South Africa’s Testing Requirement Leads Emirates To Cancel Flights

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It was a case of crossed wires in South Africa over the weekend as uncertainty over new quarantine and self-isolation guidelines caused Emirates to cancel a flight to Durban. There are reports online that new South African Government regulations lead to the canceled flight. Now it seems the problem is not much the regulations, more the interpretation of them.

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Emirates canceled its maiden return flight to Durban on Sunday. Photo: Emirates

Conflicting reports and confusion over rules saw one Durban bound flight canceled

Reports over the weekend suggested the South African Government was now requiring all airline crews to self-isolate upon arrival. This caused Emirates to ax its recently reinstated services to South Africa. The reports said the new South African Government regulation now saw airline crews treated like normal passengers.

As this article goes to publication, some more clarity around the issue is emerging.

Over the weekend, Dubai-based media carried reports the new regulation lead to Emirates axing its freshly resumed South African flights. That included Sunday’s flight to Durban.

If correct, it looked like proving a very brief return to South Africa for Emirates. The airline only resumed flights there days ago. Emirates started flying again to Capetown and Johannesburg last Thursday. The first flight to Durban should have taken off on Sunday.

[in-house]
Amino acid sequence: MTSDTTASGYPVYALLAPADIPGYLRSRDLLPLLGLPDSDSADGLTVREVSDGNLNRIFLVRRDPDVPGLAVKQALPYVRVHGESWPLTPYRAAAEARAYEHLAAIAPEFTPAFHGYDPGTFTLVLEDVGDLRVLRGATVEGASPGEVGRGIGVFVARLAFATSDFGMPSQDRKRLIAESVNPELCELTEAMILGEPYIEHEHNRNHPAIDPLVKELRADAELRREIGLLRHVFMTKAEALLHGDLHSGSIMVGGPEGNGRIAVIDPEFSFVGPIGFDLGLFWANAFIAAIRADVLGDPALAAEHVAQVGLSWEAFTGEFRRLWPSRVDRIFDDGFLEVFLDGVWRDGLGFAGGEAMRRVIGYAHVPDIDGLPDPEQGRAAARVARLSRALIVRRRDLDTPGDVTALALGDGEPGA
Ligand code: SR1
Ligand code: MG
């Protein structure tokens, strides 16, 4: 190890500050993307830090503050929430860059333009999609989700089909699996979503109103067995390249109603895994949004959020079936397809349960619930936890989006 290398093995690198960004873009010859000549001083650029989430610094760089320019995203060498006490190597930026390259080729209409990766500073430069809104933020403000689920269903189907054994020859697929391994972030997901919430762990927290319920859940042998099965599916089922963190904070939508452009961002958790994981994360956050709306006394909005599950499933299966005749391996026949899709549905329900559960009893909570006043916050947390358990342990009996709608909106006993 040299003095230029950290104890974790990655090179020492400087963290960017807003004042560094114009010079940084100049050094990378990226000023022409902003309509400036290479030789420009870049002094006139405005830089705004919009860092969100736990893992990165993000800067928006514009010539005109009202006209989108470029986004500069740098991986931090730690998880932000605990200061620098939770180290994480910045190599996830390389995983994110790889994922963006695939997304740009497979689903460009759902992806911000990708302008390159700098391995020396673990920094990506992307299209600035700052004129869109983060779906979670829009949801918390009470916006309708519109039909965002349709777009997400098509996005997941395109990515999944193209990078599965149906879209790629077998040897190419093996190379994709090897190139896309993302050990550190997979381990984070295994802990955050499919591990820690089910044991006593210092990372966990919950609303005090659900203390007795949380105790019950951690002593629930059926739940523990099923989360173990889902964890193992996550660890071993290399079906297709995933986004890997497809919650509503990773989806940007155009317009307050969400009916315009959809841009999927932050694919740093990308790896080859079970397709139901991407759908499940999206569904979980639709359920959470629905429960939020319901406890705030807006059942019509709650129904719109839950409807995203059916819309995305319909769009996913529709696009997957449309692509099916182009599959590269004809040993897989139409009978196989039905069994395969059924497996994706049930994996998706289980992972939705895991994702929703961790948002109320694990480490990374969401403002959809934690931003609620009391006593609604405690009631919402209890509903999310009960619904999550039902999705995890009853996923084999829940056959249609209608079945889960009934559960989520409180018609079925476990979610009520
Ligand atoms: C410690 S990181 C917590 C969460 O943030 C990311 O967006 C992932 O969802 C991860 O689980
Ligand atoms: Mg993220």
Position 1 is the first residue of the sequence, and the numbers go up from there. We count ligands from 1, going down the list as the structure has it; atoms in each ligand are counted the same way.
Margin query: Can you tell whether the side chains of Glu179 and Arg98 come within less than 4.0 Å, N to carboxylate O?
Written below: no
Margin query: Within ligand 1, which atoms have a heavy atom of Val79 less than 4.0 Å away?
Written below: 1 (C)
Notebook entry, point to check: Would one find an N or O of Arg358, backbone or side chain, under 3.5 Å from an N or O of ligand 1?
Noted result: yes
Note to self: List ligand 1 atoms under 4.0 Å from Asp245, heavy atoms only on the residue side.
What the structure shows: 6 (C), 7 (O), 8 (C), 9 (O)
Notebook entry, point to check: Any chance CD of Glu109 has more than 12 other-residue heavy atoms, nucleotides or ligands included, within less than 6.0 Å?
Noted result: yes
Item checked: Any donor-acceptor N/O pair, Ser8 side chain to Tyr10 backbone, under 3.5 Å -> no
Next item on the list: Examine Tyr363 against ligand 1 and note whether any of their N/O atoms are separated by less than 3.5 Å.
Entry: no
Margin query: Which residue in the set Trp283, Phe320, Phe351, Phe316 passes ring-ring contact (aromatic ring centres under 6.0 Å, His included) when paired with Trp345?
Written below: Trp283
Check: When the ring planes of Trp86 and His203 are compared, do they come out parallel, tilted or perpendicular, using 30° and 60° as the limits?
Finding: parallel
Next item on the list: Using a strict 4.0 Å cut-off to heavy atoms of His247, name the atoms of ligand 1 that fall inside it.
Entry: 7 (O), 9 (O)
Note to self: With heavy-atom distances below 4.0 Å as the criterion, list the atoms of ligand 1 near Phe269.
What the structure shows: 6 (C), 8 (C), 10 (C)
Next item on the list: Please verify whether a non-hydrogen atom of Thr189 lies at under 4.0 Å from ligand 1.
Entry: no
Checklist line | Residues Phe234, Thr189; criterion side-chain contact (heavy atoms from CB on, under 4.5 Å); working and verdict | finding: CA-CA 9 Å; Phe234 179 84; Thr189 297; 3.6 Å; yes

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Durban Airport terminal. Photo: Kieron Thwaites via Wikimedia Commons

However, according to a clarification issued by the South African-based eNCA news website late on Sunday, it’s all a bit of a misunderstanding. The problem was there was “confusion” about the screening protocols for airline crews. At least, that’s according to Terence Delomoney, GM at Durban’s King Shaka International Airport.

“I think the entire industry is getting accustomed to the regulations and in this particular case and regulation is how the crew gets screened, and the regulations around that and obviously Emirates was supposed to fly into Durban today, and there were challenges in how they would comply to that regulation,” Mr Delomoney told eNCA.

There are now hasty negotiations underway to ensure this doesn’t happen again and Emirates recently stated that flights will stay reinstated.

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Emirates is in talks with the South African Government to clarify the matter. Photo: Emirates Newsroom

South Africa is open again to travelers from selected low-risk countries

While South Africa is allowing international travelers in, it isn’t carte blanche. There are strict rules and regulations in place. Emirates has a comprehensive summary of entry requirements for all its destinations on its website. Emirates says that from October 1, international travel is allowed into South Africa from countries with a low rate of COVID-19 infection and transmission.

All arriving passengers must have a valid certificate of a negative COVID-19 test, obtained not more than 72 hours before travel. The South African Government published a list of high-risk countries on September 30, and there are around 60 nations listed.

The United Arab Emirates is on the list. Running this story backward, it seems a view emerged that airline crew couldn’t enter South Africa without going into self-isolation if they came from a designated high-risk country.

Reportedly, the South African Government is keen for Emirates and other foreign carriers to stick around. The airlines are talking with the South African Government to get “clarity” around the issue. That clarity is likely to come quite soon, and flights look set to continue.

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